Communication is essential to resolving conflict, said Maslach, but often there is a lack of training to address matters such as, “How do we talk to each other? How do we raise issues? How do we solve conflicts? How do you build trust and support so that if something goes wrong, people don’t hide it or fail to resolve it or get worried that they’ll get in trouble, but instead actually work together to get it solved?”
At CENTILE, Leiter discussed CREW (Civility, Respect, and Engagement at Work), an intervention strategy that has been used in several health care settings to address interpersonal issues between colleagues.
After implementing CREW at the Veterans Health Administration, data published in the Journal of Applied Behavioral Science, 2009, showed a “significant improvement” in perceptions of workplace civility that “lend evidence to our claim that CREW interventions cause improvement in civility.” A 2012 study on Canadian health care workers yielded similar results.
At the Geisel School of Medicine at Dartmouth, Catherine F. Pipas, MD, MPH, assistant dean for medical education and professor of community and family medicine, teaches courses on team improvement. First-year medical students are broken into groups of four and five within their anatomy teams. Each group tracks the team’s collective vision, goals, and role assignments, in addition to how individual team members are progressing in terms of authenticity and resilience.
“We are all at risk for many, many reasons,” said Pipas. “We are in a health care field where we are constantly giving. We lack control, have a heavy workload, and have increased autonomy—all factors that put one at risk for burnout. So, it’s important that we have trusted relationships so we can depend on others to look at us and say ‘You are not performing’ or ‘We are seeing some change in your patterns; what’s going on and how can we help?’”
Pipas hopes taking time to examine team dynamics will give students a solid foundation. She also emphasized the importance of self-care through mindfulness, exercise, a balanced diet, adequate sleep, time away from technology, and positivity to ward off burnout and other maladaptive work-related behaviors.
A sense of belonging
“Successful teams value individual differences and provide outlets for unique contributions,” said William E. Bynum, MD, attending faculty at Fort Belvoir Community Hospital, in Fort Belvoir, Va.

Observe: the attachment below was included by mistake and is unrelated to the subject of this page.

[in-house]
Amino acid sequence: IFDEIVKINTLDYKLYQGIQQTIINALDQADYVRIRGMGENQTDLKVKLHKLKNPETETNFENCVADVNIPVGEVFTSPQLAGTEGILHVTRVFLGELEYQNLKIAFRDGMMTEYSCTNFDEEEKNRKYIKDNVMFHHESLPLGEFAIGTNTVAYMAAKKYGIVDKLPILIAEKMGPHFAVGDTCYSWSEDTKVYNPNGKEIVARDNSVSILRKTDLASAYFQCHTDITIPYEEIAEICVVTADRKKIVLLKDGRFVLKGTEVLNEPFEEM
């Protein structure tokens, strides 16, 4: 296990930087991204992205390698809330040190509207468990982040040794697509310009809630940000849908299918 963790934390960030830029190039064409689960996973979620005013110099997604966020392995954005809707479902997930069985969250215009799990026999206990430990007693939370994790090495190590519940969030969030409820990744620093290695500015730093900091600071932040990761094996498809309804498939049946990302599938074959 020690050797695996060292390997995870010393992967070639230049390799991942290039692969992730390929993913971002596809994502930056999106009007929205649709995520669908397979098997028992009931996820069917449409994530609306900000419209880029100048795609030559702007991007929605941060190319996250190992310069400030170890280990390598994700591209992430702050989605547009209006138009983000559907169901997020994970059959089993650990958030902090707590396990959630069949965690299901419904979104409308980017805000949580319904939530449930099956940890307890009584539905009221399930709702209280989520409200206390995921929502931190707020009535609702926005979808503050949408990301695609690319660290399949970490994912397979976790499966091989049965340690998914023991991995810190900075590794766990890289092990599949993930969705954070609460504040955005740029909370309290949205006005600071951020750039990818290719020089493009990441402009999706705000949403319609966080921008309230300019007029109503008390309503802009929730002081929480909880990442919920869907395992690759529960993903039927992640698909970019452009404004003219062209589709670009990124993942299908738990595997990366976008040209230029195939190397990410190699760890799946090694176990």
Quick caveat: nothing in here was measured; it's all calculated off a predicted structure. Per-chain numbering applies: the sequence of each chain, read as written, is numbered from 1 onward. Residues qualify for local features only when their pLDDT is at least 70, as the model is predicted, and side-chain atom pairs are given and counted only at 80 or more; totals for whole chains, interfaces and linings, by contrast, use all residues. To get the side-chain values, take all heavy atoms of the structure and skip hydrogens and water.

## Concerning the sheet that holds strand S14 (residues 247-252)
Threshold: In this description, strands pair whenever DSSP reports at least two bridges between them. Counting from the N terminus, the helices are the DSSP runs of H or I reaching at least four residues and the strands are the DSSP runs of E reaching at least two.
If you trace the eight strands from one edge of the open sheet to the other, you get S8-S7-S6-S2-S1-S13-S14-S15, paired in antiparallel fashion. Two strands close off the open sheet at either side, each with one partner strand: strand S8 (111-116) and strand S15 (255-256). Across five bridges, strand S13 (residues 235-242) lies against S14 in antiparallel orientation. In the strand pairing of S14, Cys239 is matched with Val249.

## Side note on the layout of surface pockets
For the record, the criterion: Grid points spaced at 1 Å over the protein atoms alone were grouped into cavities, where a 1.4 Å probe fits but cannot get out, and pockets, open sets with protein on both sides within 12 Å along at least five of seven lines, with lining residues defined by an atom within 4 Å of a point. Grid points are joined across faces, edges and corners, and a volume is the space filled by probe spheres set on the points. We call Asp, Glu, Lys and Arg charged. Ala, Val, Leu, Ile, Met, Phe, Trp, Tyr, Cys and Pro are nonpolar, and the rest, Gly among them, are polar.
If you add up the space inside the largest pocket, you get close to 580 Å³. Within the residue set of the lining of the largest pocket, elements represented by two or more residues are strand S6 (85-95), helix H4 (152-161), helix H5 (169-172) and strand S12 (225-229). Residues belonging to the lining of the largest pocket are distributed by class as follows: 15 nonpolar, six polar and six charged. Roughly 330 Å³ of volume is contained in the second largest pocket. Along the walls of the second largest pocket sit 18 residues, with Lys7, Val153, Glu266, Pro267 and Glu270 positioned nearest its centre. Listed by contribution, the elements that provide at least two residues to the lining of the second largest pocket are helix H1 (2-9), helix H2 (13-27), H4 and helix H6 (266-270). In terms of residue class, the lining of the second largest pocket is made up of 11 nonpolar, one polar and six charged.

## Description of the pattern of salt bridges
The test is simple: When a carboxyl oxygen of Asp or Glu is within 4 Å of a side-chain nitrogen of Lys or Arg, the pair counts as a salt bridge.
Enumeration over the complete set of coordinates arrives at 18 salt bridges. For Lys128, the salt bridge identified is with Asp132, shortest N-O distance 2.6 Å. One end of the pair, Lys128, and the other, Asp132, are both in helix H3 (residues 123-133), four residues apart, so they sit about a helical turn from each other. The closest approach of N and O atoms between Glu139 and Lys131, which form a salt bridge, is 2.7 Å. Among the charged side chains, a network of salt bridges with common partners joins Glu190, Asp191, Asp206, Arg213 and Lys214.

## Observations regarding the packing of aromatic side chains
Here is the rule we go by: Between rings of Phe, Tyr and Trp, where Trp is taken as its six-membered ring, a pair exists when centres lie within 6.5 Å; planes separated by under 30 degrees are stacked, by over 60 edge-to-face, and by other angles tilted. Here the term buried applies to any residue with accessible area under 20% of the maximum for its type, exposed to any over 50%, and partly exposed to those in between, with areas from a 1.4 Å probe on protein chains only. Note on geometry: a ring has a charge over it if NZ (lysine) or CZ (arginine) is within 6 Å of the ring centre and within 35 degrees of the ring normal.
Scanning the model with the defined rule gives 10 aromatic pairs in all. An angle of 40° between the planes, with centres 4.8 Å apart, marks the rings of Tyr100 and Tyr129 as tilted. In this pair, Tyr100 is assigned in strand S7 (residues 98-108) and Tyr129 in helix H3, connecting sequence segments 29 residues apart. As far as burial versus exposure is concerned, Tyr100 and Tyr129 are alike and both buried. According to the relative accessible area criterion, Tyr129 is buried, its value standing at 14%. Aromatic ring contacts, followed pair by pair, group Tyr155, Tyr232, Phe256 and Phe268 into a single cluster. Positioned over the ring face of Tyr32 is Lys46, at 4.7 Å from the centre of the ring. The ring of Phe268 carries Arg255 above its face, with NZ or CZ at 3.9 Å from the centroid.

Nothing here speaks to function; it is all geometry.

In March 2016, Bynum and Lindeman published a commentary in Academic Medicine on learner mistreatment, which sometimes can be triggered by differences such as race, gender, sexual orientation, social views, level of extroversion, mental health challenges, subspecialty, or highest professional degree. Bynum said that successful teams leverage these differences and offer members a sense of belonging. “If there is a feeling you can’t speak up or that you are not psychologically safe bringing what you have to offer to the table, that can really undermine a highly functioning team.”
Strong teams take time to form, which Bynum said is challenging in a rotational model that switches every four weeks. “Just as you begin to develop cohesion and get to know each other, you are off to a new group with a different set of personalities.” He noted that it is up to attending, chief, and senior residents to set the tone. “There’s a lot of power in positivity, acknowledging that things are going to be hard at times, but as a group you are going to remain as positive as possible and support each other.”
Maslach agreed, “It’s important to recognize people in a positive way when they do something good. Rather than say, ‘Well, you did your job, big deal, so what,’ if you periodically say, ‘You really handled that patient well, nice job,’ that goes far. It’s huge. It doesn’t cost anything, but you have to be sensitive enough and willing to care about each other.”
This article originally appeared in print in the May/June 2016 issue of the AAMC Reporter.